Department of Psychiatry
After graduating from Korea University and University of Göttingen, he did his PhD in human molecular genetics at Freie Universität Berlin and Max-Planck-Institute for Molecular Genetics in Germany. He worked on Developmental Genome Anatomy Project (DGAP) at Harvard Medical School for 5 years and now an associate professor at Georgia Regents University in USA.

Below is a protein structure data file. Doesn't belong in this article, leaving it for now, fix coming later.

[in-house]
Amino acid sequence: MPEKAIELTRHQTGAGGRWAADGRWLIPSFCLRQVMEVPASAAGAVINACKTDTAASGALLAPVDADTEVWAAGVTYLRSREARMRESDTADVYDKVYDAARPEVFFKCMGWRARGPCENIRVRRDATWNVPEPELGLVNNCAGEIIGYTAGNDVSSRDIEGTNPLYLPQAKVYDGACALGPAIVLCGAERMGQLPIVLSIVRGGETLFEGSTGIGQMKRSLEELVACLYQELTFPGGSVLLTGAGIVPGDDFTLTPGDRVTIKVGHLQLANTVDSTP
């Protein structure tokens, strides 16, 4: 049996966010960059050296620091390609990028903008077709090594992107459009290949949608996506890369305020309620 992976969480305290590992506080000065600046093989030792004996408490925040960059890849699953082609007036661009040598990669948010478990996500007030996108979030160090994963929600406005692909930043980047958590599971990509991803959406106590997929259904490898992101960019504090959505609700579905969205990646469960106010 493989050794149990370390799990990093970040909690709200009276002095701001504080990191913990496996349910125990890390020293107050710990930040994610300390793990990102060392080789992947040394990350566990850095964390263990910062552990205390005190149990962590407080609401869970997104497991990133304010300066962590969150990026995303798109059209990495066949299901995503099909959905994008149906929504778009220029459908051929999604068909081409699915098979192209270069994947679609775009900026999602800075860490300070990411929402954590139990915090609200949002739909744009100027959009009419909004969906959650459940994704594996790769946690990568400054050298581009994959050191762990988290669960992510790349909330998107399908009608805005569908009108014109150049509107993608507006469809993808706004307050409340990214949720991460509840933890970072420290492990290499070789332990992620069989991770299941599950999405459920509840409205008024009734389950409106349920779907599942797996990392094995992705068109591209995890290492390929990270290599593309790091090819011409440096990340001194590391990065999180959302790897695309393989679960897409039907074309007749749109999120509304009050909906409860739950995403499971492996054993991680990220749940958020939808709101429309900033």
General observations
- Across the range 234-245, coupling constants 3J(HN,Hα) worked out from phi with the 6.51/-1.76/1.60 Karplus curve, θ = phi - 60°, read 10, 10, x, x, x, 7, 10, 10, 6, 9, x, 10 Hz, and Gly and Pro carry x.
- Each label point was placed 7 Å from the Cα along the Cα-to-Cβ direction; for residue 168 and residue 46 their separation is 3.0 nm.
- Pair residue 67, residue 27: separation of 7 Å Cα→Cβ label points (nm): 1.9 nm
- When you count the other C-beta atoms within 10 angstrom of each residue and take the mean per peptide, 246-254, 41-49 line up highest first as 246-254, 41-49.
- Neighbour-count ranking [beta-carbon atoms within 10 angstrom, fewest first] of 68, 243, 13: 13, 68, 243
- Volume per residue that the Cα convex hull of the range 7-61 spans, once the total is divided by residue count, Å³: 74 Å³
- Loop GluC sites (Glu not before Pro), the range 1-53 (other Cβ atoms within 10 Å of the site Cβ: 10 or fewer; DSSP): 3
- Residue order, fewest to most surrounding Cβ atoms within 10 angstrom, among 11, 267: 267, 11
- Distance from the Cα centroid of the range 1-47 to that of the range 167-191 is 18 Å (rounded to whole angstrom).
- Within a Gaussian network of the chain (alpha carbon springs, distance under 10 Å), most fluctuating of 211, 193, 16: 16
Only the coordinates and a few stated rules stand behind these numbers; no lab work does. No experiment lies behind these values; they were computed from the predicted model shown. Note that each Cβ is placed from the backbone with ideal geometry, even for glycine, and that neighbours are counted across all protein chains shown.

Dr. Kims expertise and knowledge in human molecular genetics focus on positional cloning of disease genes using patients with chromosomal aberrations. As a geneticist studying chromosome rearrangements, such as balanced translocation/inversion and deletion/duplication for disease gene discovery for the last 14 years, He seek out collaborations to recruit additional subjects with related phenotypes for mutation analysis and to develop corroborative evidence for causative nucleotide alterations in a variety of model systems. For the last 7 years here at Georgia Regents University, He had established the Developmental Gene Discovery Project (DGDP) aimed at defining genes of neurodevelopmental importance by their disruption in subjects with ultra-microdeletions and ultra-microduplications encompassing only few genes. The DGDP project enrolled subjects based upon their having a chromosome rearrangements in conjunction with any abnormal phenotype. Currently our focus is to identify new genes involved in intellectual disability, autism, speech delay, dyslexia, Body Integrity Identity Disorder (BIID), DiGeorge Syndrome II, and delayed puberty.